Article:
No one who loves rugby could have watched last year’s USA 7s Collegiate Rugby Championship from the grandstands at sparkling new PPL Park outside Philadelphia, or from anywhere in America on live network TV, without feeling the “Holy Cow” factor.
No one who has played rugby with passion, from thick-trunked, crusty loosehead prop survivors of club battles on muddy pitches from decades past, to today’s lean, muscular, and spectacularly match fit college players, no lover of this game of ours, from graybeard to high school newbie, could have watched the 2011 CRC Sevens without being proud to say: “This is what American rugby looks like today.”
And what American rugby has become is on display at the CRC Sevens tournament, a showcase of some of the best college rugby programs and players in the nation on a big time NBC network television stage live from a tented pavilion Europeanstyle professional sports stadium swelling with more than ten thousand cheering fans.
Best of all for fans watching in person or on TV, the 7s tournament format offers a continuous series of matches between the 16 collegiate teams for two full days, with new matches scheduled like clockwork every 22 minutes from 9:58 a.m. until 7:30 p.m. on Saturday and from 8:59 a.m. until the championship final kicks off at 5:20 a.m. Sunday afternoon.
Both days fans can take advantage of the world’s largest rugby block party featuring pick-up touch rugby matches, sports apparel vendors, attractions for kids, and the aroma of classic Philadelphia cheesesteak sandwiches filling the concourses and adjoining areas surrounding the stadium. Last year’s Saturday night post-game concert featured a kickass performance by Boston’s Irish rock band the Dropkick Murphys. This year, Breathe Carolina, 12 Stones and Yellowcard headline each night.
In this the third year of the CRC, American rugby looks and feels like it has finally arrived after decades of promising development.
“It was superb,” said University of Maryland Rugby Coach Jeff Soeken, who attended last June’s CRC Sevens as a spectator and who was delighted to have his club invited to compete in this year’s tournament along with five other first-time tourney teams from the University of Delaware, Life University, North Carolina State, and the University of Wisconsin.
Returning from last year’s championship triumph is Dartmouth, the only Ivy League university represented. Led by coach Alex Magleby, who was named this spring as coach of the USA national 7s squad, Dartmouth shocked defending 2010 CRC Sevens champion Utah in the first round 17-12 after trailing by seven points at the half.
Big Green then dispatched Notre Dame, Boston College, Penn State and Central Washington to earn a title match with the scholar athletes from perennial rugby power at the U.S. Military Academy at West Point. Dartmouth dominated from start to finish in a 32-10 rout of a proud Army squad in a match punctuated in the final minutes with a leaping somersault into goal by Dartmouth winger Adbul Shakoor to cap the scoring.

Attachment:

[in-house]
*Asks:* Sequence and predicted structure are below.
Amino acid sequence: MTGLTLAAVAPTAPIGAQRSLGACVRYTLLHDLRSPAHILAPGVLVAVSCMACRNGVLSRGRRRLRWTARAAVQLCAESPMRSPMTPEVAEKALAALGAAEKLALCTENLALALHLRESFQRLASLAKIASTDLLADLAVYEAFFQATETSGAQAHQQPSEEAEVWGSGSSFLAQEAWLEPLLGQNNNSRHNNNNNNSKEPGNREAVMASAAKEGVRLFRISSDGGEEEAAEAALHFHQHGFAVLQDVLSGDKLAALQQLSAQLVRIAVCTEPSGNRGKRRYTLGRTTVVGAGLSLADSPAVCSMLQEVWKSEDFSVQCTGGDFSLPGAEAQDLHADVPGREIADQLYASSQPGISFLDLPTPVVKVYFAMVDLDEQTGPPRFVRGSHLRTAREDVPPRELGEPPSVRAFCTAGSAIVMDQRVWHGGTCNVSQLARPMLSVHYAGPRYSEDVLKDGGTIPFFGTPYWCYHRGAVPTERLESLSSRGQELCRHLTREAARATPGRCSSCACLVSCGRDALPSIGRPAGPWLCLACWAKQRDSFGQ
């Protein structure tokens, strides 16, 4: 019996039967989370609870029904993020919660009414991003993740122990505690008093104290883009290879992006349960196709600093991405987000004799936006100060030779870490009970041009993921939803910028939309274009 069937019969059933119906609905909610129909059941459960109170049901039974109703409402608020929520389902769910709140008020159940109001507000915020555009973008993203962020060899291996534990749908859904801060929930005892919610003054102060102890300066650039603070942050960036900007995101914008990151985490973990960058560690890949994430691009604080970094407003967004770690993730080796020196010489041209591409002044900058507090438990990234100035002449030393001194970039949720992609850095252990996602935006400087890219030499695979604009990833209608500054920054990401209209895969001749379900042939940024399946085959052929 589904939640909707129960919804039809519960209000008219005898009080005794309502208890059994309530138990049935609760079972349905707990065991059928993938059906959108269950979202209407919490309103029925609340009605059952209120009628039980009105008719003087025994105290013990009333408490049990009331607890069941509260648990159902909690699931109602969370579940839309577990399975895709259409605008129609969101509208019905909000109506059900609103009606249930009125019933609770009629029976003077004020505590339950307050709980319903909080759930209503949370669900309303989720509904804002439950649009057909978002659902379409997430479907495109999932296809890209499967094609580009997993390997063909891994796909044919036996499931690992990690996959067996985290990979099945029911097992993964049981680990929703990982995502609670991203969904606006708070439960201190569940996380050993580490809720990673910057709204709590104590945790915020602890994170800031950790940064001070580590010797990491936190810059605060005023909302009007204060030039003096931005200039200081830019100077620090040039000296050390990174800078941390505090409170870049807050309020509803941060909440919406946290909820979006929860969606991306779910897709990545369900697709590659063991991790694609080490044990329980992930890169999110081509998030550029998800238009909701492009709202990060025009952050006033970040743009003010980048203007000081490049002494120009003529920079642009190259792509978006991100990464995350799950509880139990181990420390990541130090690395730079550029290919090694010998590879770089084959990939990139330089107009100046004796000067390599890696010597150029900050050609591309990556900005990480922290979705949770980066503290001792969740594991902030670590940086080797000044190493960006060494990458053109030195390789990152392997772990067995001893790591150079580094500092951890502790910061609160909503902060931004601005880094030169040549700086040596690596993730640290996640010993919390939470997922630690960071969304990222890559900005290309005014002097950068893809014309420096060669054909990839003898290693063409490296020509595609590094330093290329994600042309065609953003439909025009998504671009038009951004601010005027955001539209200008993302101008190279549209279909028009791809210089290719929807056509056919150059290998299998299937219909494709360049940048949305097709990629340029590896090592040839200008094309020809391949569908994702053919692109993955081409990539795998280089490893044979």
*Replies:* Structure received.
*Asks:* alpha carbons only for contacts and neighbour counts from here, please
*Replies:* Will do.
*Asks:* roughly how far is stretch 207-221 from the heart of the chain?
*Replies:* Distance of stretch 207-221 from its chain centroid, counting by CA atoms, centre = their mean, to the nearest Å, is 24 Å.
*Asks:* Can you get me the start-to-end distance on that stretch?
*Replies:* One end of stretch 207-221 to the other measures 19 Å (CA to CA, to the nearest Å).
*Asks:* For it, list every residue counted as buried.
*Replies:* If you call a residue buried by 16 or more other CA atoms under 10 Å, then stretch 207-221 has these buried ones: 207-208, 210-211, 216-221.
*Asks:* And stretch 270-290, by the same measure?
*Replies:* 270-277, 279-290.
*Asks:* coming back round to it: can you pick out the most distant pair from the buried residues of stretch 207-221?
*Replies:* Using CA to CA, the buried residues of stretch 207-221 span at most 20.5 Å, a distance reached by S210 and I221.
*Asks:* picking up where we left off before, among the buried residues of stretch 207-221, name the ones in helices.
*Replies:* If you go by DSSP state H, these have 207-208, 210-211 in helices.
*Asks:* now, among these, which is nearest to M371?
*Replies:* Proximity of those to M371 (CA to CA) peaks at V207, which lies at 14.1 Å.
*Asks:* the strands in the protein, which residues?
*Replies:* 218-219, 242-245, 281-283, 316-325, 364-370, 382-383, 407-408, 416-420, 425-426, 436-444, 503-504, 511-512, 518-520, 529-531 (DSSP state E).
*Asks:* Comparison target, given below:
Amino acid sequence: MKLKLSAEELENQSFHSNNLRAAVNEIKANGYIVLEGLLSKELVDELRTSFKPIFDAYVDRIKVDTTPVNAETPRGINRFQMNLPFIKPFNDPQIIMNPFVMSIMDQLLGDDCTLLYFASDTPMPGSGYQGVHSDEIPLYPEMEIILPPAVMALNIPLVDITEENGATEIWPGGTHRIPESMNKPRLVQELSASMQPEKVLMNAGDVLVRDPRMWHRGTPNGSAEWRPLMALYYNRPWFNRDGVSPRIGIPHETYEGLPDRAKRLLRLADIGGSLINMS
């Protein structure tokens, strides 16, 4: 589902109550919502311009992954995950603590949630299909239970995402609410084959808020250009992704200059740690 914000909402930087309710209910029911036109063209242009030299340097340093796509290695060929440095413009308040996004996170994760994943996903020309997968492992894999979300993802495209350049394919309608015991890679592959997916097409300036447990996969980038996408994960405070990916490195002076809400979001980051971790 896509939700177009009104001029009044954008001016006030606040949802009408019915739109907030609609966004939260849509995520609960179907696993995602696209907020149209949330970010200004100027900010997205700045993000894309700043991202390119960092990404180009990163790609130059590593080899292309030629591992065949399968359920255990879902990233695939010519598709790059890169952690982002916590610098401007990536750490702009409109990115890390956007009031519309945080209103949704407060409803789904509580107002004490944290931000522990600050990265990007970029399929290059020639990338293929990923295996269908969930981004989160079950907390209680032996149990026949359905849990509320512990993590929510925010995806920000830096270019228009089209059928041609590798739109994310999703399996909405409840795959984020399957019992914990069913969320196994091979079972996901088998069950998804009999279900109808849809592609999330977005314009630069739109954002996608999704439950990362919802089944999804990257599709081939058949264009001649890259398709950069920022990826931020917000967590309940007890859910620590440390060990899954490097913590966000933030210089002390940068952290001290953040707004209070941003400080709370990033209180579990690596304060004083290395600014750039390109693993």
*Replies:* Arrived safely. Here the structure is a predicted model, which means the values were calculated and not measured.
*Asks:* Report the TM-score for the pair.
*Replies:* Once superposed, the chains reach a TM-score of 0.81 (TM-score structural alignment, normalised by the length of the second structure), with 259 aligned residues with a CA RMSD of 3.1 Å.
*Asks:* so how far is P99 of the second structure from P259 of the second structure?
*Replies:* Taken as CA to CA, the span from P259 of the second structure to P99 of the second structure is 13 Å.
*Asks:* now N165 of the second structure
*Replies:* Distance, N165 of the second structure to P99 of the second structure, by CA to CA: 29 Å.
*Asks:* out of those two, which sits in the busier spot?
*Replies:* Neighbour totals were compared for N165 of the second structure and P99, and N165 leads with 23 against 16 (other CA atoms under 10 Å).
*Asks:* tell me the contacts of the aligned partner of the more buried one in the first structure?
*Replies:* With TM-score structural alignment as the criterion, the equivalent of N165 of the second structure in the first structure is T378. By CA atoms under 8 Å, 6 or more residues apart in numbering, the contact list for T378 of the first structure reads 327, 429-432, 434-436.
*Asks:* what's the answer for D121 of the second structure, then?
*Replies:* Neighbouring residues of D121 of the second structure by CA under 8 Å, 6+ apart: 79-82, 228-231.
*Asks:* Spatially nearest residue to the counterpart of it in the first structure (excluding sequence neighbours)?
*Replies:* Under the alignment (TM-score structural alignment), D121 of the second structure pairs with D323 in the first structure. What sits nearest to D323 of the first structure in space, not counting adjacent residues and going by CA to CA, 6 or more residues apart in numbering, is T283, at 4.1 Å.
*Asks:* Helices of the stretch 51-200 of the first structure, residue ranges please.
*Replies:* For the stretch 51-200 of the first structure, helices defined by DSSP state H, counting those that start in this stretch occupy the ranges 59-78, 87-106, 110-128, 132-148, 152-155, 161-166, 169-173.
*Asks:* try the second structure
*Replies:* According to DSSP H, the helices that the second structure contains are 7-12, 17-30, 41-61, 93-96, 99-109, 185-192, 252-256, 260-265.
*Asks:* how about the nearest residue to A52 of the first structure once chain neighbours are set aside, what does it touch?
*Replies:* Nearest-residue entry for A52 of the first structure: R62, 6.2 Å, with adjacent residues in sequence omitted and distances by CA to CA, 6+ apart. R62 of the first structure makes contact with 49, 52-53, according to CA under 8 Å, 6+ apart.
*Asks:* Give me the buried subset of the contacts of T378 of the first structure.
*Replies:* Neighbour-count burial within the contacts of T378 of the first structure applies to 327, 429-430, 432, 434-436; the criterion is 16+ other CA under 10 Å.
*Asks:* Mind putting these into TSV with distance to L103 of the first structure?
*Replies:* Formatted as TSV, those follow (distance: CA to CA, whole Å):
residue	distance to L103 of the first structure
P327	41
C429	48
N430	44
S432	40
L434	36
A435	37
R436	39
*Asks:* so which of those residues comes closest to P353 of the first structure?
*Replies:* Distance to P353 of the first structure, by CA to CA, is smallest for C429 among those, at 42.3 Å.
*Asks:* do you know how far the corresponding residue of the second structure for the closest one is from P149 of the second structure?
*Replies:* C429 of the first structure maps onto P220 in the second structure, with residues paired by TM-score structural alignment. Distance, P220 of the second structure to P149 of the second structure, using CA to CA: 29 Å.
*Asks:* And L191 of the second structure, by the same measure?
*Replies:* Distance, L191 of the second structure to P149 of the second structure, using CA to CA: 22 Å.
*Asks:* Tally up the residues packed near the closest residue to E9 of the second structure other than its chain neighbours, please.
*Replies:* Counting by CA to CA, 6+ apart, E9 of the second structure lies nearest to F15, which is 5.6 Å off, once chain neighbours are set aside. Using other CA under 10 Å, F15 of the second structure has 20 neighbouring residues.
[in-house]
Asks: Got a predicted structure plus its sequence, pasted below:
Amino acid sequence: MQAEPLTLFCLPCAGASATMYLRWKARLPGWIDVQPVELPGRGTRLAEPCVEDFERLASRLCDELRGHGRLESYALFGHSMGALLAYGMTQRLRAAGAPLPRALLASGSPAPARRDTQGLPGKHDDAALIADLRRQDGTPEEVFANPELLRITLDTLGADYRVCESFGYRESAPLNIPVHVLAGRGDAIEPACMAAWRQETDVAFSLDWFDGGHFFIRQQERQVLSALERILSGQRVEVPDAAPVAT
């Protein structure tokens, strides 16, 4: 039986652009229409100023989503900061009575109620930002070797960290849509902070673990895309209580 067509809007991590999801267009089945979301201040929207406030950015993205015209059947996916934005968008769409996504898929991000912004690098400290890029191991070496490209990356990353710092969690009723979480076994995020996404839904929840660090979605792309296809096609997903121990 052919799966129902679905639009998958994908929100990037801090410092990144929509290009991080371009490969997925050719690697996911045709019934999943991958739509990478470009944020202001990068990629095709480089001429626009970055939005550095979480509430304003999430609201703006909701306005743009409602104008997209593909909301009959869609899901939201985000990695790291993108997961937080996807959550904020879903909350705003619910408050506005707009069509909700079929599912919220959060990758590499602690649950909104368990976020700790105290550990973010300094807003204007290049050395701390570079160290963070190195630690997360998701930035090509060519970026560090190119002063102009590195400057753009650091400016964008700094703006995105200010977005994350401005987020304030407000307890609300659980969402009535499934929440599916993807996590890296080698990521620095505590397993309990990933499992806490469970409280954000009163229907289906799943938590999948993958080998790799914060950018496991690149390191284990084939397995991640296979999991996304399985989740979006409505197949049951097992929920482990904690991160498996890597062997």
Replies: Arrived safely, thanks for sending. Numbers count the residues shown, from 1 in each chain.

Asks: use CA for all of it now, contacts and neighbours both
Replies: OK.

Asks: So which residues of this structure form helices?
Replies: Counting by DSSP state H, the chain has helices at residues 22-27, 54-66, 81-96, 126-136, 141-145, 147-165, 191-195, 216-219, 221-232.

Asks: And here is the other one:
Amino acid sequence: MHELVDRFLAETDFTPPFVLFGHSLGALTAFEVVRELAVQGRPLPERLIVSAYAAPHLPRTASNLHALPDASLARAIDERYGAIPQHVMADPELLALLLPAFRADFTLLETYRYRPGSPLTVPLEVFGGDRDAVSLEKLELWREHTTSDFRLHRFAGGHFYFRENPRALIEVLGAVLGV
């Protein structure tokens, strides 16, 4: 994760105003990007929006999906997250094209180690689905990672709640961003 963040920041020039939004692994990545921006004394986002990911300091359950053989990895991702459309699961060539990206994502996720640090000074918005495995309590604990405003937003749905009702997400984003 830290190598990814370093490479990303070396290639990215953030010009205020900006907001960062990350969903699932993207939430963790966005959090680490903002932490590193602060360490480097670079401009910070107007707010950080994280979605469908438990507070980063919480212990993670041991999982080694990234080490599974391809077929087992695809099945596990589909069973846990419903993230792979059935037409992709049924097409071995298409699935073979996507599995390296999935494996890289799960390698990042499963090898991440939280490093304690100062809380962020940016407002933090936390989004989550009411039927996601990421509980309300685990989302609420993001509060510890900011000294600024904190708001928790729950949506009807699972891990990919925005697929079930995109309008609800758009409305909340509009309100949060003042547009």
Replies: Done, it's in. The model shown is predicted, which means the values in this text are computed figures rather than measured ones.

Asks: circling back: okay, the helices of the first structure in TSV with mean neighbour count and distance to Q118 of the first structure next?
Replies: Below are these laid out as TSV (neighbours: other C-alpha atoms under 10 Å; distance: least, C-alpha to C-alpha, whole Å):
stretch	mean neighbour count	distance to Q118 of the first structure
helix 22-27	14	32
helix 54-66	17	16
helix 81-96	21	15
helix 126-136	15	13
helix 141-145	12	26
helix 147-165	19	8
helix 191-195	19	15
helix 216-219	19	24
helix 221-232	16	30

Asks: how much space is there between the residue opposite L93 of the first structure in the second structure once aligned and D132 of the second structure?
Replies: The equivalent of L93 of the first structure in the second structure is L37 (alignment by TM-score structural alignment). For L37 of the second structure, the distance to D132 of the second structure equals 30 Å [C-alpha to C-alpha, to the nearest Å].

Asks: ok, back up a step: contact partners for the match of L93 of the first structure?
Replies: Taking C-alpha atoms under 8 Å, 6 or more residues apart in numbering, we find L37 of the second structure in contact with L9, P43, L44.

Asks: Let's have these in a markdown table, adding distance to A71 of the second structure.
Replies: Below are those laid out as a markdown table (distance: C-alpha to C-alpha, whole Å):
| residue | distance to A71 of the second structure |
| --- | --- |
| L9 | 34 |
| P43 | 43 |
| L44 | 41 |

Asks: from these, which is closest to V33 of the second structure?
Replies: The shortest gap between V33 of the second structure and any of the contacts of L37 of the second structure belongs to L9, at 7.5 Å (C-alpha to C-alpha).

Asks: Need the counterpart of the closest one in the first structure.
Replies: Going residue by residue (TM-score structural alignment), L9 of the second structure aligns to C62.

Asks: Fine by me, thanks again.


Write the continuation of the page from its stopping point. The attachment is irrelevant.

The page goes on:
Also returning from last year is the University of California, the 25 time national collegiate champion in rugby 15s and led by legendary coach and former All American player Jack Clark. The California team was described in a headline in the Philadelphia Inquirer sports page as “The Gold Standard” in its Sunday June 5 edition, the same day Cal was upset 21-5 in the Quarter Finals by, once again, Utah.
The defending champions were then dethroned 12-7 in the semifinals by the Black Knights.
This year Utah was defeated in a tournament-qualifying match by Life University, a major rugby power for decades in the United States, in its bid to return to the field of 16 in the 2012 edition of the CRC Sevens.
(USA 7s holds a qualifier tournament in Las Vegas before the USA 7s international event in February. Life beat out 31 teams, including Utah in the final before 30,000 fans at Sam Boys Stadium.)
Other returning teams include Texas, Oklahoma, Notre Dame, Temple, Penn State, Navy and Arizona. In addition during the same weekend there will be a 16 team boys high school sevens tournament and an eight-team high school girls tournament played at Drexel University athletic fields in West Philadelphia. There are plans to hold the championship finals of each high school tournament in PPL Park on Sunday morning.
The venue, PPL (for Pennsylvania Power and Light) Park, is spectacular. Located on wide banks of the Delaware River directly beneath the Commodore Barry Bridge that links Pennsylvania with New Jersey, the architecture of the stadium seems to merge as one with the great steel bridge.
The home of the MLS Philadelphia Union has been playing the sellout crowds of 18,500 since its opening day two years ago. It feels like a rugby pitch rather than a converted football stadium. And from the intimacy of PPL Park spectators can see ocean going tanker vessels passing underneath the Commodore Barry Bridge while playing their trade on a major working river in the United State of America.
PPL Park, like the rugby tournament it hosts June 2-3, is a thrilling sight no matter how often your see it.